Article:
Sudbury Contact comes up with diamonds (May 31, 2004)

Sudbury Contact Mines (SUD-T) has processed a mini-bulk sample from one of its kimberlites in Klock township, part of its Timiskaming diamond project in Ontario.

So far, Sudbury Contact has located 7 kimberlites on its properties in the New Liskeard area of Ontario. The 95-2 pipe is about 20 km west of the town.

A highlight of the current sampling is the size of some of the diamonds. A total of 652 dry metric tonnes were sampled from six large diameter holes in 61 mini-bulk samples from the 95-2 pipe.

Sampling indicated that the eastern section of the pipe is the most diamondiferous and contains the largest diamonds; twelve diamonds exceeded 3.35 mm in at least one dimension and four of these exceeded 1 carat. The largest weighed 1.623 carats. In addition, this part of the kimberlite yielded 54 diamonds on the 2.36-mm sieve and 133 on the 1.7-mm sieve.

The upper weathered tuffisitic kimberlite graded 16.31 carats per hundred tonnes, while the lower eastern tuffisitic kimberlite graded 13.28 carats per hundred tonnes. These grades were calculated from 420 tonnes of kimberlite. Two samples graded in excess of 35 carats per hundred tonnes.

Diamonds are predominately white and transparent with less than 10% being brown, pink or yellow. Drilling tested the kimberlite to a depth of 300 metres. The pipe is overburden-covered but it has approximate surface dimensions of 400 metres by 150 metres. It is estimated to contain 15.5 million tonnes of kimberlite to a depth of 300 metres.

The western portion of the pipe is related to a hypabyssal kimberlite, petrographically distinct from the eastern pipe.

The western part of the pipe yielded fewer diamonds and those recovered were of smaller dimension. Nineteen diamonds were recovered on the 2.36-mm sieve and 38 on the 1.7-mm sieve. This part of the pipe graded 5.49 carats per hundred tonnes in the tuffisitic facies, 4.25 carats per hundred tonnes in the weathered tuffisitic kimberlite and 3.72 carats per hundred tonnes in a hypabyssal facies.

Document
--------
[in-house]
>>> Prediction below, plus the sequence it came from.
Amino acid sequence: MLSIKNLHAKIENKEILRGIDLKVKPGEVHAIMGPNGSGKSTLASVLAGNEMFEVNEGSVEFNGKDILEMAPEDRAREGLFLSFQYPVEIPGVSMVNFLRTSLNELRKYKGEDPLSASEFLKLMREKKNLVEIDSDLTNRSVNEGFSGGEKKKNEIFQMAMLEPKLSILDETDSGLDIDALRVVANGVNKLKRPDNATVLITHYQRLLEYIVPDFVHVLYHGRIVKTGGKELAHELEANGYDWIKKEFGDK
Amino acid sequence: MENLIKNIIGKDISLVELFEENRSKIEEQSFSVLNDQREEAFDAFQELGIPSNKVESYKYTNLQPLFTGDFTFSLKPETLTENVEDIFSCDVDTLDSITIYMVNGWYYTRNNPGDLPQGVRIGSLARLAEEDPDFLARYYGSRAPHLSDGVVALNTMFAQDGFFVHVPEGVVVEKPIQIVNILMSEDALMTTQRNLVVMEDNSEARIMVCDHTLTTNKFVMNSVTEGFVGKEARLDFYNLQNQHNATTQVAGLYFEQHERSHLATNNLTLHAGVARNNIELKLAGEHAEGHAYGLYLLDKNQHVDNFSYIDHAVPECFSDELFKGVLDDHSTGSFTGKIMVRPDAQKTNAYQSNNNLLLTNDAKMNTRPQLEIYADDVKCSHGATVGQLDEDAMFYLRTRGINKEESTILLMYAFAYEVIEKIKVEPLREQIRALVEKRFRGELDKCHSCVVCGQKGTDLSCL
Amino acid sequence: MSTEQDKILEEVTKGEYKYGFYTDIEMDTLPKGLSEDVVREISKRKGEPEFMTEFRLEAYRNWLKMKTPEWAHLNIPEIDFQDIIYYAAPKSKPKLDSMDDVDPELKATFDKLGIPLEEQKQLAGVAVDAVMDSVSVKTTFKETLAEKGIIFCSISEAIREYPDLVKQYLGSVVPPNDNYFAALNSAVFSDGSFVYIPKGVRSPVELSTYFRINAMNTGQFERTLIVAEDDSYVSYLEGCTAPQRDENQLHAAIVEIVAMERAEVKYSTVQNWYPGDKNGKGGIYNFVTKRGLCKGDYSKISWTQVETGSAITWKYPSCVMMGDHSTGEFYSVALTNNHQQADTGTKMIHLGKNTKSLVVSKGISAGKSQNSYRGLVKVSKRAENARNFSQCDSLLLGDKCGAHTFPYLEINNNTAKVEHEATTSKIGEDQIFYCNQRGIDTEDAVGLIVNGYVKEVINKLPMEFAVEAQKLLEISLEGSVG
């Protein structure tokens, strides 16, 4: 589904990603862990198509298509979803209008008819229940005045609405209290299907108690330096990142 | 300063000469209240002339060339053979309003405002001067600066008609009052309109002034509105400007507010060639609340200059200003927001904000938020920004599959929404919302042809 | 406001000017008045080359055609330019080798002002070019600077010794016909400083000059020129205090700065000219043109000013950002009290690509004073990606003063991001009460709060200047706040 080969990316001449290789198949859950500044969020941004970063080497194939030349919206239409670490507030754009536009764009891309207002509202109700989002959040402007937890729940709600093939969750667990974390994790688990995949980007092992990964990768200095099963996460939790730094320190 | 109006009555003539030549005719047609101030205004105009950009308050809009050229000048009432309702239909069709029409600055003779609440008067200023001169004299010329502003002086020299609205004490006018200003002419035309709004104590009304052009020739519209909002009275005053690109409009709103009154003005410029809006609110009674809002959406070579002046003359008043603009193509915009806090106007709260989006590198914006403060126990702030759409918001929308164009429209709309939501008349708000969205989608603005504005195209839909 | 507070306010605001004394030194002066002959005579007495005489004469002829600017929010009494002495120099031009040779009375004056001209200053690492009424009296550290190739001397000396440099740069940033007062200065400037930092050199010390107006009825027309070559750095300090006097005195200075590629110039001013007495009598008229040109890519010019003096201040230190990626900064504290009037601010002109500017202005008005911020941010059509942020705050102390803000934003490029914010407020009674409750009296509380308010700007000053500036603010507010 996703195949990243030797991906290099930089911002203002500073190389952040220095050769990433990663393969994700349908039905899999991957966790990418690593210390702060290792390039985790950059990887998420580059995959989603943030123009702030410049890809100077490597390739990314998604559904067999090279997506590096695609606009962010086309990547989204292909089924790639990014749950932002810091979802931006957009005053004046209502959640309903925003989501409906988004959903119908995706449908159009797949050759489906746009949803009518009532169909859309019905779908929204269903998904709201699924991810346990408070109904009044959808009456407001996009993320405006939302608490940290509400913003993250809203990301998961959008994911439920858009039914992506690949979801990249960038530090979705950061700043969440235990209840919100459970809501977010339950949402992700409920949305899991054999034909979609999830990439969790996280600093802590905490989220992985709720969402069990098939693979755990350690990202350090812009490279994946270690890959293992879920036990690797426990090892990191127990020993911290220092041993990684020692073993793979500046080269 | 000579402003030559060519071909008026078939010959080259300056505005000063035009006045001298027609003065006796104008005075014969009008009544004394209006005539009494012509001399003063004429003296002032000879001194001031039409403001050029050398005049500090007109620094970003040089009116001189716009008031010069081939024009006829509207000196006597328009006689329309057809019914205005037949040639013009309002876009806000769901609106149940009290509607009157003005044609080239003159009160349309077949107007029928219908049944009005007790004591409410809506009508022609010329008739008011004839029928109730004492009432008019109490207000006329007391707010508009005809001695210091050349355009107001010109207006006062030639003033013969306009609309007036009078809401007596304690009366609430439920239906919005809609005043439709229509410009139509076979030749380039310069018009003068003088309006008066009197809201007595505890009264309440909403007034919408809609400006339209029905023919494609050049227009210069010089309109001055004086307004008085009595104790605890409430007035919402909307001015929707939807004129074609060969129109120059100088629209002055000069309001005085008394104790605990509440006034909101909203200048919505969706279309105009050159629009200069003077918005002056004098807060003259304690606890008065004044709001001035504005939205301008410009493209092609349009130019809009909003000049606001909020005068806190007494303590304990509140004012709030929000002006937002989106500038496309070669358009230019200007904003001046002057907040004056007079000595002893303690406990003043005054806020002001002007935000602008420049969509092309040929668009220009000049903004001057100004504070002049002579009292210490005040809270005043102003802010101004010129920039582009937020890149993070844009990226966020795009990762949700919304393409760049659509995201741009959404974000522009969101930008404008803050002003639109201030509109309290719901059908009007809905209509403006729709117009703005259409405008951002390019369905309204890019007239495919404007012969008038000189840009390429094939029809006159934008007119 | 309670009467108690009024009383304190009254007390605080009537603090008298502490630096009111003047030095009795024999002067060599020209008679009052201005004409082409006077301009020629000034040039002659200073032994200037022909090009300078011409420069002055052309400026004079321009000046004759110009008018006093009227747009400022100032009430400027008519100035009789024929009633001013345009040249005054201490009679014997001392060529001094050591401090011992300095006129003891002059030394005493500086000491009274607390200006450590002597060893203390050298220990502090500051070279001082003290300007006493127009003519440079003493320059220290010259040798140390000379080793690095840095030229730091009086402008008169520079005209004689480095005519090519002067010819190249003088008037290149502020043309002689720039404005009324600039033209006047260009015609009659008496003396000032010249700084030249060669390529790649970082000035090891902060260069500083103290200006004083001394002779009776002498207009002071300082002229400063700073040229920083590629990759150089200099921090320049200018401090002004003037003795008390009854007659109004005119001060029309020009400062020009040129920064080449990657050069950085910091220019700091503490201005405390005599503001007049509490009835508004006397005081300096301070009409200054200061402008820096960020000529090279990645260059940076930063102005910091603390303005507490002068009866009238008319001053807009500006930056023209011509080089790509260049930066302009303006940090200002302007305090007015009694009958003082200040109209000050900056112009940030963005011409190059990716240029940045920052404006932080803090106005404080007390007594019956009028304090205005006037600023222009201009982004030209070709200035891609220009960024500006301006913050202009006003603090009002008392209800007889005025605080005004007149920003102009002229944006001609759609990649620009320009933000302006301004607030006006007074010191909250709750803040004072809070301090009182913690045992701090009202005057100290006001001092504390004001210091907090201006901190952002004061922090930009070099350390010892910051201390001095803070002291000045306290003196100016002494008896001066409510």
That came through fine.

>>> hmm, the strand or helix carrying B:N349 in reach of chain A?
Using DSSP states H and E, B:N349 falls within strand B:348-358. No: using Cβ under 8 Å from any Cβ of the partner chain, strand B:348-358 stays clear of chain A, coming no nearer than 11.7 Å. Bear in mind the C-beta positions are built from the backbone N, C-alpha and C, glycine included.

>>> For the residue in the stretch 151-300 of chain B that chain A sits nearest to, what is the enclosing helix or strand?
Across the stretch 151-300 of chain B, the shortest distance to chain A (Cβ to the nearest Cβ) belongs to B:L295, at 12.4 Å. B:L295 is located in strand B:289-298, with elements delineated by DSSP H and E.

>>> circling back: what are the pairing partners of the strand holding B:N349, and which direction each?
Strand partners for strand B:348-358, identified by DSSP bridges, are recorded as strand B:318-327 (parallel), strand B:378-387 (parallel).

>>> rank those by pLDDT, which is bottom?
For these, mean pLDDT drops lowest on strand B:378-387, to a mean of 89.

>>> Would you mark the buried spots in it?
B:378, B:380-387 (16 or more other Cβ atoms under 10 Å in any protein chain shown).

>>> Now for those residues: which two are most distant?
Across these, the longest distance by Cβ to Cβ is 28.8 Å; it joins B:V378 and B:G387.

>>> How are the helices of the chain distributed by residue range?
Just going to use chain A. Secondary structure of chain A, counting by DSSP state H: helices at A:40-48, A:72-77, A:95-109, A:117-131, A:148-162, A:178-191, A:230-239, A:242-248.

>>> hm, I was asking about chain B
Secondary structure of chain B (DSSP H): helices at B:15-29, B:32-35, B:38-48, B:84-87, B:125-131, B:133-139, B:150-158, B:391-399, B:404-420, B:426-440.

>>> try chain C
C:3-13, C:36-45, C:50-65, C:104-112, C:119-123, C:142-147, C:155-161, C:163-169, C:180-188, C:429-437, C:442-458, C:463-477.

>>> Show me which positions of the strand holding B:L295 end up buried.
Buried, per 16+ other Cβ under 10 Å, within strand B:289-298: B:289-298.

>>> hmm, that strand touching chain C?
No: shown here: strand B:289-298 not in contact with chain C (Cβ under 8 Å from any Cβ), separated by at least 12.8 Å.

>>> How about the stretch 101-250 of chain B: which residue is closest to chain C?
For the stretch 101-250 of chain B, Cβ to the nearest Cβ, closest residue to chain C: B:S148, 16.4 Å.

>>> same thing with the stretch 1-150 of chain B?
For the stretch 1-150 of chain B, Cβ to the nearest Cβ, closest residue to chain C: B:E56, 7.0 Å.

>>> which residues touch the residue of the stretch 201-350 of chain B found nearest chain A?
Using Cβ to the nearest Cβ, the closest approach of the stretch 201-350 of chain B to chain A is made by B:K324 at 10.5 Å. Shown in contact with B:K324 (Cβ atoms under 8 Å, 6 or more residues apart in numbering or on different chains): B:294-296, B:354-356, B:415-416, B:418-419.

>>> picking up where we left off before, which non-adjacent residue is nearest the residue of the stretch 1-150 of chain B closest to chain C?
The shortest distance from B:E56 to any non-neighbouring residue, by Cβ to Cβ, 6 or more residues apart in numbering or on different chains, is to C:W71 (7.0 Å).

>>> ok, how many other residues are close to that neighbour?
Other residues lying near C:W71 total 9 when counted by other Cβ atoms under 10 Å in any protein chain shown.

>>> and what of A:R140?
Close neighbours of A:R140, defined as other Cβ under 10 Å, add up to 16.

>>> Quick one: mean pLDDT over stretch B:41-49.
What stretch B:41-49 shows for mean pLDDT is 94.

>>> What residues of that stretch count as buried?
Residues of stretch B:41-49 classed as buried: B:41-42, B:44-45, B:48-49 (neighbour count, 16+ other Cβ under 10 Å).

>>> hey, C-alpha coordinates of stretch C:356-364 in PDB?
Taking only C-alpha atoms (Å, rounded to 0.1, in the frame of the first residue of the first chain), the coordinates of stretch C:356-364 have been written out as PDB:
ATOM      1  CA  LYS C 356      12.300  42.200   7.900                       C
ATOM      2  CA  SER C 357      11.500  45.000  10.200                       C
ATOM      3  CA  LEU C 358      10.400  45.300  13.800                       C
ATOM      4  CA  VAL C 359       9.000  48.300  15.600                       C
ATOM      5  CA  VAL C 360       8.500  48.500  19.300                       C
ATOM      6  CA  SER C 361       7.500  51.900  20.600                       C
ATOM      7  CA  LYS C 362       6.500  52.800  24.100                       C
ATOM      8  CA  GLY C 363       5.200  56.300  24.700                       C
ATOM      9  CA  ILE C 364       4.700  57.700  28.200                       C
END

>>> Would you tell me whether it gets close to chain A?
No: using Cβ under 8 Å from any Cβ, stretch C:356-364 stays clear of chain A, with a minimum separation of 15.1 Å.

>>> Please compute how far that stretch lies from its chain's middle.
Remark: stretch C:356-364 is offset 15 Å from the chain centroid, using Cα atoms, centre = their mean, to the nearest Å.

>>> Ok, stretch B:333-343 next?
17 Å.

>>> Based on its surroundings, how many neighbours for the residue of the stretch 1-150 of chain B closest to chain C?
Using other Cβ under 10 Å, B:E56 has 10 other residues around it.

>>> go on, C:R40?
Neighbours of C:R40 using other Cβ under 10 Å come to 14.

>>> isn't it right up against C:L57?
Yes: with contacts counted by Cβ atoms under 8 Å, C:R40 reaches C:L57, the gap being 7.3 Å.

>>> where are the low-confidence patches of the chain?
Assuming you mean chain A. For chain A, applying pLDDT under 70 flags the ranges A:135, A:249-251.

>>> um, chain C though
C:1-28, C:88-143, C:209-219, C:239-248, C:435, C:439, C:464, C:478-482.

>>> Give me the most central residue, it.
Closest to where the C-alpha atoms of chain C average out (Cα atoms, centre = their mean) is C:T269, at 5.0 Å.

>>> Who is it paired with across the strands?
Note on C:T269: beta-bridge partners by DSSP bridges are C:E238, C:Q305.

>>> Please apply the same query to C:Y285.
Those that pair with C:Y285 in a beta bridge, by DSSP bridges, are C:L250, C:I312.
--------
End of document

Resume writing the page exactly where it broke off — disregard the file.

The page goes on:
Samples were concentrated by dense medium separation techniques with 0.85-mm bottom cutoff screens. Diamonds were recovered using X-rays and a grease table at analytical lab, SGS Lakefield Research. An additional 46 diamonds were recovered as spillage from all facets of the processing; one of these was between 2.35 mm and 3.35 mm in size.

Sudbury Contact has a 100% interest in 265 claims that cover over 360 sq. km straddling Ontario and Quebec. This spring, two kimberlites (KL-1 and KL-22) were discovered on the property, about 20 km southwest of the 95-2 pipe.

Kl-1 was intersected at a downhole depth of 13.7 metres and remained in kimberlite for the length of the hole (156.4 metres). It is about 5 hectares in size.

The first five samples have been processed resulting in 2 macrodiamonds and 25 microdiamonds from a total 87.95 kg sample. A total weight of 0.007 carat was recovered. Fourteen of the diamonds were recovered from the upper hypabyssal facies, while 13 came from the lower tuffisitic facies. All diamonds were between 0.105mm and 0.425 mm in size.

Results are pending from the 9.5-hectare KL-22 kimberlite. Kimberlite was intersected at 21 metres and the hole was terminated in kimberlite at 87 metres.


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